Sunday, July 12, 2015

Horton Hears a Hadoop: Tech IPO Shows the Future of Databases

Open systems companies, IPOing here we come. Aivars Lode avantce

Horton Hears a Hadoop: Tech IPO Shows the Future of Databases

Hortonworks, a Data-Platform Maker Founded Three Years Ago, Files to Go Public

By Elizabeth Dwoskin and Deborah Gage

If Big Data becomes a mainstream for business any time soon, it may be due in part to free software with an unusual name.
The software known as Hadoop took a step toward that future Monday with a filing for an initial public offering by Hortonworks Inc., a company valued at $1.8 billion and founded a little more than three years ago by Yahoo Inc. engineers and backed investors Benchmark, Index Ventures, Teradata Corp. andHewlett-Packard Co.
Yahoo is the top outside investor, holding 19.6% of company shares, and it is also a significant customer, according to the filing. Hortonworks’ filing laid out its goal to transform the way companies store and process data, a market expected to be worth $32 billion dollars in three years, according to IDC.
Hortonworks declined to comment on its IPO.

Both Hortonworks and its better capitalized, venture-backed rival, Cloudera, are riding the exponentially growing wave of data. Both companies have staked their business on Hadoop, an especially efficient open-source approach to storing and searching through large amounts of information.
Hadoop isn’t an acronym, but the name of a toy elephant of the child of the Yahoo engineer who founded Cloudera.
Hortonworks’ business model is more dependent than others’ on open-source software—meaning the software itself is free, but the company charges for regular updates and other services. Rival companies maintain some open-source software but sell proprietary add-ons as well as services.
Today, many large U.S. enterprises are producing more data than they can manage and keeping more than they used to discard. Thanks to a large marketing push by Hortonworks and its rivals, Hadoop is catching on as a relatively inexpensive way to house the information for future uses. The technology ultimately could be used for large-scale data mining, such as optimizing supply chains or targeting advertisements.
However, many companies lured by that promise have found the technology difficult to use. David Gleason, an executive of Bank of New York Mellon who has tested Hadoop, said in a recent interview the technology wasn’t “ready for prime-time.”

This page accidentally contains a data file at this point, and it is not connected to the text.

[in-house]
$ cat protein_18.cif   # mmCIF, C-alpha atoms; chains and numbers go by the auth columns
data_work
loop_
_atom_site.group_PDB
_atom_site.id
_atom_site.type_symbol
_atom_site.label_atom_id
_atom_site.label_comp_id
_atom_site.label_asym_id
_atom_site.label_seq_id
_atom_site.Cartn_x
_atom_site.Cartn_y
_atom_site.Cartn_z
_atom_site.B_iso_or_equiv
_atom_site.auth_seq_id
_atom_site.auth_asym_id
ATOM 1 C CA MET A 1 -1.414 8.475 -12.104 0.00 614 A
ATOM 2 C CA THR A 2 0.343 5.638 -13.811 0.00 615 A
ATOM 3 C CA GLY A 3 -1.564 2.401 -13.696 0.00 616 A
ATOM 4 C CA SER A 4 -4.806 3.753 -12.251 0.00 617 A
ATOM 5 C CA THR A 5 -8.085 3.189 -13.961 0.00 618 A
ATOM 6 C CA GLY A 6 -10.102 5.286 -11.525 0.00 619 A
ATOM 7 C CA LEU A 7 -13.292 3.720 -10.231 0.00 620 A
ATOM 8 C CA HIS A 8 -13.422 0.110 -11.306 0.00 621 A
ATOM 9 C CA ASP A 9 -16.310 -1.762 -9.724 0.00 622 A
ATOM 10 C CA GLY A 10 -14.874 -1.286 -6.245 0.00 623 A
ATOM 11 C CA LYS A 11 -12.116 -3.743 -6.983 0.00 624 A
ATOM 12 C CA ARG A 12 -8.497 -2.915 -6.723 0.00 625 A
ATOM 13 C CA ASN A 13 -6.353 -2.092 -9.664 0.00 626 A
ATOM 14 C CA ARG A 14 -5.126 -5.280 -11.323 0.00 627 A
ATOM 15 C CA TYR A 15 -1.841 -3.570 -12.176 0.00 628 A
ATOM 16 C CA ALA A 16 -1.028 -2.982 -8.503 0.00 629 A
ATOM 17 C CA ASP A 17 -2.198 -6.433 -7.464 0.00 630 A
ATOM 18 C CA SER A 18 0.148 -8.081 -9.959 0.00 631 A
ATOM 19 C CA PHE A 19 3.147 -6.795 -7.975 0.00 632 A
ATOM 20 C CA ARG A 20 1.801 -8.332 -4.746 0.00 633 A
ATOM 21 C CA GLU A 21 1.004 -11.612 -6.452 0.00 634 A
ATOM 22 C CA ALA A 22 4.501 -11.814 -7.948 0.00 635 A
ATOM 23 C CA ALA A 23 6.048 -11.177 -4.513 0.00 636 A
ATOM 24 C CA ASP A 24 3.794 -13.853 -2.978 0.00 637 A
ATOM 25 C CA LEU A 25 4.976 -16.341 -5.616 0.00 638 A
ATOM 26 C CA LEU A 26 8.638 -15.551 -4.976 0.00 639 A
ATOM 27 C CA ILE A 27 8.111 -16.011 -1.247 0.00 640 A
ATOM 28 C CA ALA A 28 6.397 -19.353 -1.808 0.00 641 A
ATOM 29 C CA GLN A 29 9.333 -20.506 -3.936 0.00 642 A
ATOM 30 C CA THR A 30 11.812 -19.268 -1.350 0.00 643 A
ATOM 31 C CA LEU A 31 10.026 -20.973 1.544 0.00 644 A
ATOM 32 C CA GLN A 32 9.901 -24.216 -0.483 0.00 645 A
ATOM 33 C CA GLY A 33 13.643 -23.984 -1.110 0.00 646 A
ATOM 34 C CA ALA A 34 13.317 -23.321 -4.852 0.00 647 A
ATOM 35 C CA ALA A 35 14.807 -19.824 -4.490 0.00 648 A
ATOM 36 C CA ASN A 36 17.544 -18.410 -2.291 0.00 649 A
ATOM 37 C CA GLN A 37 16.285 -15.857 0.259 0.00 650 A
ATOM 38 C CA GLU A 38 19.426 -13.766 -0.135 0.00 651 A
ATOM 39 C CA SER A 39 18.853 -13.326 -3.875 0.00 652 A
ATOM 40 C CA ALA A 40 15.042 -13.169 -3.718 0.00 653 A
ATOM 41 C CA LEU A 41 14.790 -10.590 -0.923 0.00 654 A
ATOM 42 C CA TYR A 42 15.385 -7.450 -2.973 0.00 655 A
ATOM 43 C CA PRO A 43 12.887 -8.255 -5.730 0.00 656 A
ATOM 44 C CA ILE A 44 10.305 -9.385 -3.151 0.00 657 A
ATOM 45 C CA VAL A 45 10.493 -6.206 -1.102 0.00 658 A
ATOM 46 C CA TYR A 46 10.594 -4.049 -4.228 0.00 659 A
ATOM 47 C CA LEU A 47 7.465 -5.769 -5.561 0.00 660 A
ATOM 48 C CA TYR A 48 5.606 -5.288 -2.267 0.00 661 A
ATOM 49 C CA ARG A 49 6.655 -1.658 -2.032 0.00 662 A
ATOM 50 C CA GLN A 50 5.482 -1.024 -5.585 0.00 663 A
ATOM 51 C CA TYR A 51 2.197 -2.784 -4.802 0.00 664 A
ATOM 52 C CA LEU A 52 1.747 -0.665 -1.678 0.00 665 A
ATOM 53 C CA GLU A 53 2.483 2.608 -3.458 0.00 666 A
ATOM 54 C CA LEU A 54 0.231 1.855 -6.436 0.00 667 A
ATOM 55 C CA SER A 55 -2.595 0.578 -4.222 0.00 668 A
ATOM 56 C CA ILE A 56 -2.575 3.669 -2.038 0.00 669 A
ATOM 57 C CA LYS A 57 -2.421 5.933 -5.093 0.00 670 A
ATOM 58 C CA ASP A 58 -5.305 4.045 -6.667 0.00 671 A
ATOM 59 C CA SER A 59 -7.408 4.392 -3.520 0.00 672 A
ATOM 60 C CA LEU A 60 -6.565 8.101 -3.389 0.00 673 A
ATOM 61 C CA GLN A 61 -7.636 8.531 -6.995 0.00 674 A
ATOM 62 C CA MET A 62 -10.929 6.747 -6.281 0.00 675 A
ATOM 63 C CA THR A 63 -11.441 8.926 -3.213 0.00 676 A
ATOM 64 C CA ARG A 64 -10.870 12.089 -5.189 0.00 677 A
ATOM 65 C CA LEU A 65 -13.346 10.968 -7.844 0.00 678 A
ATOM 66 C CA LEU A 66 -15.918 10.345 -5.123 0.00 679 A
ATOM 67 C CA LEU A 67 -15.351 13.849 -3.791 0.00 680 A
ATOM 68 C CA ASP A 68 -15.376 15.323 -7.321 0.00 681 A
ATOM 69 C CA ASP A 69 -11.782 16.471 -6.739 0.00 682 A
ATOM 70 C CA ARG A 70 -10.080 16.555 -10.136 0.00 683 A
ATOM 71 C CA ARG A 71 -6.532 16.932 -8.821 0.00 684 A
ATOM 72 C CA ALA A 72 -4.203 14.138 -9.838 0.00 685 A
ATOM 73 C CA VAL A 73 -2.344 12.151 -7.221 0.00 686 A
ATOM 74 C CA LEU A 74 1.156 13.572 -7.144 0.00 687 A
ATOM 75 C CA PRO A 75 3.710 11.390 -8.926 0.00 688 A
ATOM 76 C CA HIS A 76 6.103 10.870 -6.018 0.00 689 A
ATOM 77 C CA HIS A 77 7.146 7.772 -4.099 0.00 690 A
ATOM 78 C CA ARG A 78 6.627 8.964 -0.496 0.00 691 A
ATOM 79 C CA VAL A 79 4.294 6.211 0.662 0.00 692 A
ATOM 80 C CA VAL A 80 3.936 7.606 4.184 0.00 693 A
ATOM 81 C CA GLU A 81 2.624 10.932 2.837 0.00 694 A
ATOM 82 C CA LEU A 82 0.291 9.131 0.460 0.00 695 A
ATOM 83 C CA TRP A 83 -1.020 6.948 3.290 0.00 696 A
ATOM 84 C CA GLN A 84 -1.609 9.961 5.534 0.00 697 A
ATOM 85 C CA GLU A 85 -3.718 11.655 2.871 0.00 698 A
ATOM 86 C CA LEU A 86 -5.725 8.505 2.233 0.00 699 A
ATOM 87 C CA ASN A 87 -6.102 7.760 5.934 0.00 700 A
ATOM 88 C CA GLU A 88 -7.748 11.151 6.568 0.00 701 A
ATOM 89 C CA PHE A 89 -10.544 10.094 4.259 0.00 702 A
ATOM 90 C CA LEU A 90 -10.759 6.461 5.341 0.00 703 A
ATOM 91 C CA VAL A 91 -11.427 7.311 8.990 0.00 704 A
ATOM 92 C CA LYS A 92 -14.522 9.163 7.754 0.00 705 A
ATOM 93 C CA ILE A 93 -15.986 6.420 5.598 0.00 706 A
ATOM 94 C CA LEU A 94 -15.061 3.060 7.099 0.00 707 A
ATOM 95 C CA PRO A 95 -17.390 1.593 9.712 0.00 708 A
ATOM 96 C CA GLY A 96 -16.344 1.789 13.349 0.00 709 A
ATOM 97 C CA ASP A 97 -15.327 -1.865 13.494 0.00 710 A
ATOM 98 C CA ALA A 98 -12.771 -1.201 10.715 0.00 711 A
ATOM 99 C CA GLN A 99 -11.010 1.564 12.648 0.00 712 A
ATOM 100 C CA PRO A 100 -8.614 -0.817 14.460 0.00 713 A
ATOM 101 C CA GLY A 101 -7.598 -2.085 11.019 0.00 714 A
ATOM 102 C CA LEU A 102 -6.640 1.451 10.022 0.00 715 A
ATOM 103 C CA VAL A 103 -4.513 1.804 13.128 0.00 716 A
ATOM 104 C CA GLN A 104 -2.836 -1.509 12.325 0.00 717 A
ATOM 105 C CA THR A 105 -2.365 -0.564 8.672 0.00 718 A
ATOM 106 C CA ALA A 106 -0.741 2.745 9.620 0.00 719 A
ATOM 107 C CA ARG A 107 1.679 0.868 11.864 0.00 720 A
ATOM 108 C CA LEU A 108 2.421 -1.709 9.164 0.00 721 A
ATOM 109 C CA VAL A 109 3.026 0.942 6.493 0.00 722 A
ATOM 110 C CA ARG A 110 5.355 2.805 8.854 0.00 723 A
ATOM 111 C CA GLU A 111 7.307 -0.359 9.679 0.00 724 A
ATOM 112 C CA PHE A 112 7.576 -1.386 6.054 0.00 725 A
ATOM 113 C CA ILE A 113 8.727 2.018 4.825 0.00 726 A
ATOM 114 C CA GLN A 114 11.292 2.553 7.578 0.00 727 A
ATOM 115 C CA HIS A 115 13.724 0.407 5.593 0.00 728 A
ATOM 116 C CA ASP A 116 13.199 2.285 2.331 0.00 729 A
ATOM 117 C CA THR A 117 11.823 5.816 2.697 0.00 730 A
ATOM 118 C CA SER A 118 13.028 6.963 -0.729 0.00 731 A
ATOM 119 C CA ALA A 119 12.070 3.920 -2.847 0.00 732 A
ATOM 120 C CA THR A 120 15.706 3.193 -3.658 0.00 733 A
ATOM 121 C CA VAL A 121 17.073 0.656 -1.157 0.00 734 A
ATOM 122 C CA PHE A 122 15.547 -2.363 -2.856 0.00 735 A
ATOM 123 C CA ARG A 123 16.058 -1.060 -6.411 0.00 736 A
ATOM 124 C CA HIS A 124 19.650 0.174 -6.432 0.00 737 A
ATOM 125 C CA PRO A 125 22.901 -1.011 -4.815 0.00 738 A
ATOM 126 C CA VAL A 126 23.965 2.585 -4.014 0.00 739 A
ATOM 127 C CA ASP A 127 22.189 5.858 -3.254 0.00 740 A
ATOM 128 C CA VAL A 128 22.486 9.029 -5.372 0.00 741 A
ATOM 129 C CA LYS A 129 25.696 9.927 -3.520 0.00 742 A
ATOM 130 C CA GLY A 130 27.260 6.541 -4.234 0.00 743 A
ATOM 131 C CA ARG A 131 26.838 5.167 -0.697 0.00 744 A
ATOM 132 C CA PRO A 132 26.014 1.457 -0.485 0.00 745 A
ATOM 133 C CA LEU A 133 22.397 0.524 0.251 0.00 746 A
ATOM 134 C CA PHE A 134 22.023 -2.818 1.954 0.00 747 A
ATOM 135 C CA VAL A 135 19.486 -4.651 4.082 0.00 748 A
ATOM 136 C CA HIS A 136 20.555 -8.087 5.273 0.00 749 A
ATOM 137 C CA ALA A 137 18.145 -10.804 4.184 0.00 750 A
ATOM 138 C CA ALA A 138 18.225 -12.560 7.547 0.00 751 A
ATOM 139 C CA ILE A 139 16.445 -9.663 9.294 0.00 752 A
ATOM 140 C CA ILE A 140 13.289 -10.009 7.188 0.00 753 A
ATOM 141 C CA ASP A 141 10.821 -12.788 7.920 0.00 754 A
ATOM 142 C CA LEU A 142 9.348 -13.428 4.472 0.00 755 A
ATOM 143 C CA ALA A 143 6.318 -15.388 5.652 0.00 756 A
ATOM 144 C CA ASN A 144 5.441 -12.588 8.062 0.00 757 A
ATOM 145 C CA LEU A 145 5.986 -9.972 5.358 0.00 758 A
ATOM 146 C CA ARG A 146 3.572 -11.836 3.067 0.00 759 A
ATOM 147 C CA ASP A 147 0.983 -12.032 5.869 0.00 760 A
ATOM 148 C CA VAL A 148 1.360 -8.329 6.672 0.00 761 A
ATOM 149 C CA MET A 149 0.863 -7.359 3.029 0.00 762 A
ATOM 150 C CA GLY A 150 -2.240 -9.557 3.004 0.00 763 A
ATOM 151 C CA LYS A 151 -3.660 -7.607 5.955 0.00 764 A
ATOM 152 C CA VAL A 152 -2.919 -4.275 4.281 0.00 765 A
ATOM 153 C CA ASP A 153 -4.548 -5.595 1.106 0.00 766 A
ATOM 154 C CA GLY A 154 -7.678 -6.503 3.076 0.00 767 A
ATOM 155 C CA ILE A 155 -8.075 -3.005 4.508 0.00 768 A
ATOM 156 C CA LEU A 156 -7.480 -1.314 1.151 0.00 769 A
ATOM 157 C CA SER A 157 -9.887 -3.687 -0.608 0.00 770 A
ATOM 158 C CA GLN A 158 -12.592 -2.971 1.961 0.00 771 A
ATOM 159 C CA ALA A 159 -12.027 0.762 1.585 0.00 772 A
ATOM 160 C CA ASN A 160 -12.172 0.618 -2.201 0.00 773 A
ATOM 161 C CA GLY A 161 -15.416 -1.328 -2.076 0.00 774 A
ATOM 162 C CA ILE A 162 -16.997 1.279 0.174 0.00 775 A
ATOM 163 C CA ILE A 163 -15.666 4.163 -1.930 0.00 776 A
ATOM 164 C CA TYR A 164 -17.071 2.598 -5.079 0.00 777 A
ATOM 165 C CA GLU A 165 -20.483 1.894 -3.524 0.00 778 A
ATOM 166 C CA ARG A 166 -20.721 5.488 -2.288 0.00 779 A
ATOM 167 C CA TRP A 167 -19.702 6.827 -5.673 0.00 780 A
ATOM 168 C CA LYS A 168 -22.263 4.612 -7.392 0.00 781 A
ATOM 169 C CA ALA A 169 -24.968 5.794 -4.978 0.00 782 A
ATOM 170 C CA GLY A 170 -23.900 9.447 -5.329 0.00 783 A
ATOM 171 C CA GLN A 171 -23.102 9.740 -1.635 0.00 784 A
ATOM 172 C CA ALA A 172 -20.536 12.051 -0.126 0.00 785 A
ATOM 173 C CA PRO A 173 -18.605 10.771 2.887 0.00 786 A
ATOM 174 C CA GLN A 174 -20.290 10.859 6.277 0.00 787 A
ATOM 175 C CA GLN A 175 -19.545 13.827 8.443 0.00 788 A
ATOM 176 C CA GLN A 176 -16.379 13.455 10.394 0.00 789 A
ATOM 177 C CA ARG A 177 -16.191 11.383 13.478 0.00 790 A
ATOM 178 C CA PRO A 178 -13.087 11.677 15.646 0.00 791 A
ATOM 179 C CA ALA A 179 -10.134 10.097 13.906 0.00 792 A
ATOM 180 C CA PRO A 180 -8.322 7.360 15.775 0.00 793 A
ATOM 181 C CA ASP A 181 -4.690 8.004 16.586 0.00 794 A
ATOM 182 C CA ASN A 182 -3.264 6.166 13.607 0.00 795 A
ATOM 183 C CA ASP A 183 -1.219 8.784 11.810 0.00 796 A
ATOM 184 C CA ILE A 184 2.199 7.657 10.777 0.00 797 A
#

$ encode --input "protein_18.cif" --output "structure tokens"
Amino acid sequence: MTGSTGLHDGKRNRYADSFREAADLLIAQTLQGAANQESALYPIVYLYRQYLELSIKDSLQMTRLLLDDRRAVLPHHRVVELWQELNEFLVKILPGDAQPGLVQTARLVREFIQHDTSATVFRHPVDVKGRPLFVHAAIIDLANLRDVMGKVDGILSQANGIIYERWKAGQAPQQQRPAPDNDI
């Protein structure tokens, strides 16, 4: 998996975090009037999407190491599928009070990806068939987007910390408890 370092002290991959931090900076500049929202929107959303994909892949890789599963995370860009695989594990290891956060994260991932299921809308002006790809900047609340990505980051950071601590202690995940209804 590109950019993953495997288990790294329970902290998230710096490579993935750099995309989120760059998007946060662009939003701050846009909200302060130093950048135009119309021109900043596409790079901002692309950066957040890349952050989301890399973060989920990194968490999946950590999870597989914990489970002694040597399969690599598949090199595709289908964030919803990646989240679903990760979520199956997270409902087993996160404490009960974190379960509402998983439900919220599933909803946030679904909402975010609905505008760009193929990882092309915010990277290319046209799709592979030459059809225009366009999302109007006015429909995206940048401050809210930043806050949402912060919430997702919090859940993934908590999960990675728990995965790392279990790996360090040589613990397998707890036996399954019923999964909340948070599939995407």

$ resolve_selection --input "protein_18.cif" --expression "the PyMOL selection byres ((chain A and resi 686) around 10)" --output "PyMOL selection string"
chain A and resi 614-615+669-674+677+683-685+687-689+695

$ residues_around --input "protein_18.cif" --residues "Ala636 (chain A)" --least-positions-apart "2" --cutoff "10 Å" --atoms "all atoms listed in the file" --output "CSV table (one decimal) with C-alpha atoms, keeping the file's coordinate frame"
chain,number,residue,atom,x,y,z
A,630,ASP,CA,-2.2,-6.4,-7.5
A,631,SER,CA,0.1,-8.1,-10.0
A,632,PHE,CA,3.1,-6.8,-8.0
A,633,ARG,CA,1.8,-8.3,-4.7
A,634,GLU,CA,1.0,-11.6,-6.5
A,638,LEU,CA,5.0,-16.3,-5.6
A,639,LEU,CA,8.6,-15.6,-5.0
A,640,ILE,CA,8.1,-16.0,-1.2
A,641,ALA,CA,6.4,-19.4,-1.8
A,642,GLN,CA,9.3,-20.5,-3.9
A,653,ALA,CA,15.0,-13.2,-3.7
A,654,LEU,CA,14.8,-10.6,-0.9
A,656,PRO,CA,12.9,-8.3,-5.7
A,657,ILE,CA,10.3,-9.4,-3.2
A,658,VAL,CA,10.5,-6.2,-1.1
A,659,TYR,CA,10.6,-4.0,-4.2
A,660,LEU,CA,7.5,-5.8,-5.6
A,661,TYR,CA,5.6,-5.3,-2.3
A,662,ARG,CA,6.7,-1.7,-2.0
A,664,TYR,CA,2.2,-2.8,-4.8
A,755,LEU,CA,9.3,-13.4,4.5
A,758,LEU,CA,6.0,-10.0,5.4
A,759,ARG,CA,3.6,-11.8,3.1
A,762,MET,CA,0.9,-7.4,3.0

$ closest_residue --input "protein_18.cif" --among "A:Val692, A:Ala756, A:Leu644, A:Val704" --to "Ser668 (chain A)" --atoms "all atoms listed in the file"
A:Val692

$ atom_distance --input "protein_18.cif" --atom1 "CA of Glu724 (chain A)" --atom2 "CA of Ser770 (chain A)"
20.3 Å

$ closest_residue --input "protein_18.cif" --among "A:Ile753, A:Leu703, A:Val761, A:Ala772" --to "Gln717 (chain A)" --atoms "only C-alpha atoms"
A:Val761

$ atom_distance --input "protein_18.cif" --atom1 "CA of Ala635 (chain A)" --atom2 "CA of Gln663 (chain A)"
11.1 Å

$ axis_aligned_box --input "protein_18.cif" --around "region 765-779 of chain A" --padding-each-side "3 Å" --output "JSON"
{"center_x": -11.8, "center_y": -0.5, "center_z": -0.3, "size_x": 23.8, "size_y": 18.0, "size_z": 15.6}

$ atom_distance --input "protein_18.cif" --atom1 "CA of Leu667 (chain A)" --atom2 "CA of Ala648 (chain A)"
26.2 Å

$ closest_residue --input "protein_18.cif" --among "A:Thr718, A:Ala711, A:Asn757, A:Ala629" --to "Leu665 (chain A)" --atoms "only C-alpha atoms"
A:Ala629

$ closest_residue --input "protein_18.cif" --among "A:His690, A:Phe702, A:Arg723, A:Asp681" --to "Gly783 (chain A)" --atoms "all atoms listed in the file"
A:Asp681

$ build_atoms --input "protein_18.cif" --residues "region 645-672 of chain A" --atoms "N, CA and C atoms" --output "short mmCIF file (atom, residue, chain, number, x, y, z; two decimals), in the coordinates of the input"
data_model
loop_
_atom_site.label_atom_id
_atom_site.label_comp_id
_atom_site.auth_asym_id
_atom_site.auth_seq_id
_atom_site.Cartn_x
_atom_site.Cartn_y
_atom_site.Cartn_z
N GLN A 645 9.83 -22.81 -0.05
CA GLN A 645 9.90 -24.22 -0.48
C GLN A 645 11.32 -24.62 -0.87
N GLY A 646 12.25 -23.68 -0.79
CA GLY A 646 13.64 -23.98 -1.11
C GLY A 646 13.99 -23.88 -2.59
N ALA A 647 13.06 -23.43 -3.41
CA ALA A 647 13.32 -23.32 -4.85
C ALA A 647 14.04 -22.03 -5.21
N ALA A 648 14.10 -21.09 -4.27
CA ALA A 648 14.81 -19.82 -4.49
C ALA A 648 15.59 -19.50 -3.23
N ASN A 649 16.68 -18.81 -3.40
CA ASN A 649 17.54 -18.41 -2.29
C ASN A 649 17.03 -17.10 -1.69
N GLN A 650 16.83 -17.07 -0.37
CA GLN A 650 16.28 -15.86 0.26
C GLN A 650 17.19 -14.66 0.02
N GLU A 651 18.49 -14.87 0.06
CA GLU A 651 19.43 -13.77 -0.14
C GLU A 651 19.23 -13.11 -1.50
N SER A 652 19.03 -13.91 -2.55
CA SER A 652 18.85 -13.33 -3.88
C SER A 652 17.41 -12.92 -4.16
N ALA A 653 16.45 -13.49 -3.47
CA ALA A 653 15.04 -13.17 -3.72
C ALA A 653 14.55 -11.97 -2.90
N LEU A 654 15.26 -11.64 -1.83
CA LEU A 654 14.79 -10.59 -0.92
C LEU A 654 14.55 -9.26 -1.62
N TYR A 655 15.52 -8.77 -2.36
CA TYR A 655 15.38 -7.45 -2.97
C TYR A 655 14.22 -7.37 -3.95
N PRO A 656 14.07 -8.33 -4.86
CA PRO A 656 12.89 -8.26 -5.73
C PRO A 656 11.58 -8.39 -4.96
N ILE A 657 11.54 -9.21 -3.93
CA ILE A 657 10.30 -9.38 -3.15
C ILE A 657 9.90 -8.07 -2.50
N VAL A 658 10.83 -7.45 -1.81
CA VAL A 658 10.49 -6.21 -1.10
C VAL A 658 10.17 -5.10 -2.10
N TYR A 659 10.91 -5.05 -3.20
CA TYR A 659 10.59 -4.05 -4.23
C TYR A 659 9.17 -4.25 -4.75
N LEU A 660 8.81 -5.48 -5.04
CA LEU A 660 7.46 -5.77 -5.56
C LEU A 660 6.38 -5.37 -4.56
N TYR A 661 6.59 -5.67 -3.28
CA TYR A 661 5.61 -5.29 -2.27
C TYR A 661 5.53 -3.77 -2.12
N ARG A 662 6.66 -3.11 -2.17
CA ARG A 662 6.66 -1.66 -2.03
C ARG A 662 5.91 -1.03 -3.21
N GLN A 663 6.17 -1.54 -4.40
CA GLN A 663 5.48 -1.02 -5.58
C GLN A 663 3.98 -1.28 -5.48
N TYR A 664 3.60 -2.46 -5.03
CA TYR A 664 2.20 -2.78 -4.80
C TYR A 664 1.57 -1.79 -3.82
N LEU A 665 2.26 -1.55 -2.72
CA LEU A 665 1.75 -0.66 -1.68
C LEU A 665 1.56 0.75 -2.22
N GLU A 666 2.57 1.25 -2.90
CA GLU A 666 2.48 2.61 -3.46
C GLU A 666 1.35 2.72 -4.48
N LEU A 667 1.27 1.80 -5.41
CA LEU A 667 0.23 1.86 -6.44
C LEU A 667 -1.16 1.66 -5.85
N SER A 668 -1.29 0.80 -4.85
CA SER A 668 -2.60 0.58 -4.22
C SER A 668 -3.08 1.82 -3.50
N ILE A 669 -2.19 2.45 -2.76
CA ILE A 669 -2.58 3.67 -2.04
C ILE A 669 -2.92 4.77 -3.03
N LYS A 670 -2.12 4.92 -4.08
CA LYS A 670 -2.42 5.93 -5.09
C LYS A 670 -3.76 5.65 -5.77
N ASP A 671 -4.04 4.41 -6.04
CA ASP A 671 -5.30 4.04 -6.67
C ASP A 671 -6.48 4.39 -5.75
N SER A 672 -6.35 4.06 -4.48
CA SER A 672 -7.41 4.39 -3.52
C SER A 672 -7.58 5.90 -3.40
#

Hortonworks and Cloudera are trying to overcome that challenge by integrating Hadoop with more familiar technologies, including those from Microsoft Corp. and Teradata, a traditional data warehouse.
The biggest challenge to Hortonworks may be Cloudera’s partnership with Intel Corp. In May, Intel invested $740 million in Cloudera, which has raised more than $1 billion at a valuation of about $4.1 billion. Intel is integrating Hadoop into its chip sets. Similar to Intel’s previous investments in open-source software vendors VMware Inc. and Red Hat Inc., the bet is that in a few years, this will be a commonplace technology.
Hortonworks’ IPO filing shows both the opportunity and the challenges. The company’s revenue has more than doubled in the past year, while operating expenses and losses also have roughly doubled.
For the nine months ended Sept. 30, revenue was nearly $33.4 million, compared with nearly $16 million for that same period in 2013. But losses were also substantial and growing—$86.7 million in the first nine months compared with $48.4 million in 2013.
Eric Baldeschwieler, a Hortonworks co-founder who was the company’s CTO until he departed last year, acknowledged it was still early days. However, signs in the market were positive, he said. “We’ve seen companies move from pedestrian use cases at small scale to exciting use cases at a large scale,” he said.
Cloudera CEO Tom Reilly said in an interview that his company wasn’t yet ready for an IPO, although its revenues and customer numbers were double those of Hortonworks, which said it had just under 300 customers, including partners. Cloudera was also losing money, but at a lower rate, he said. “We would like to be a public company, and we will do it on our time,” he said.
Unlike Hortonworks, which received a sizable portion of its revenue from its partnership with Microsoft, Cloudera’s revenue came entirely from paying clients, Riley said.
Another Hortonworks rival, MapR, has said it would go public next year.

No comments:

Post a Comment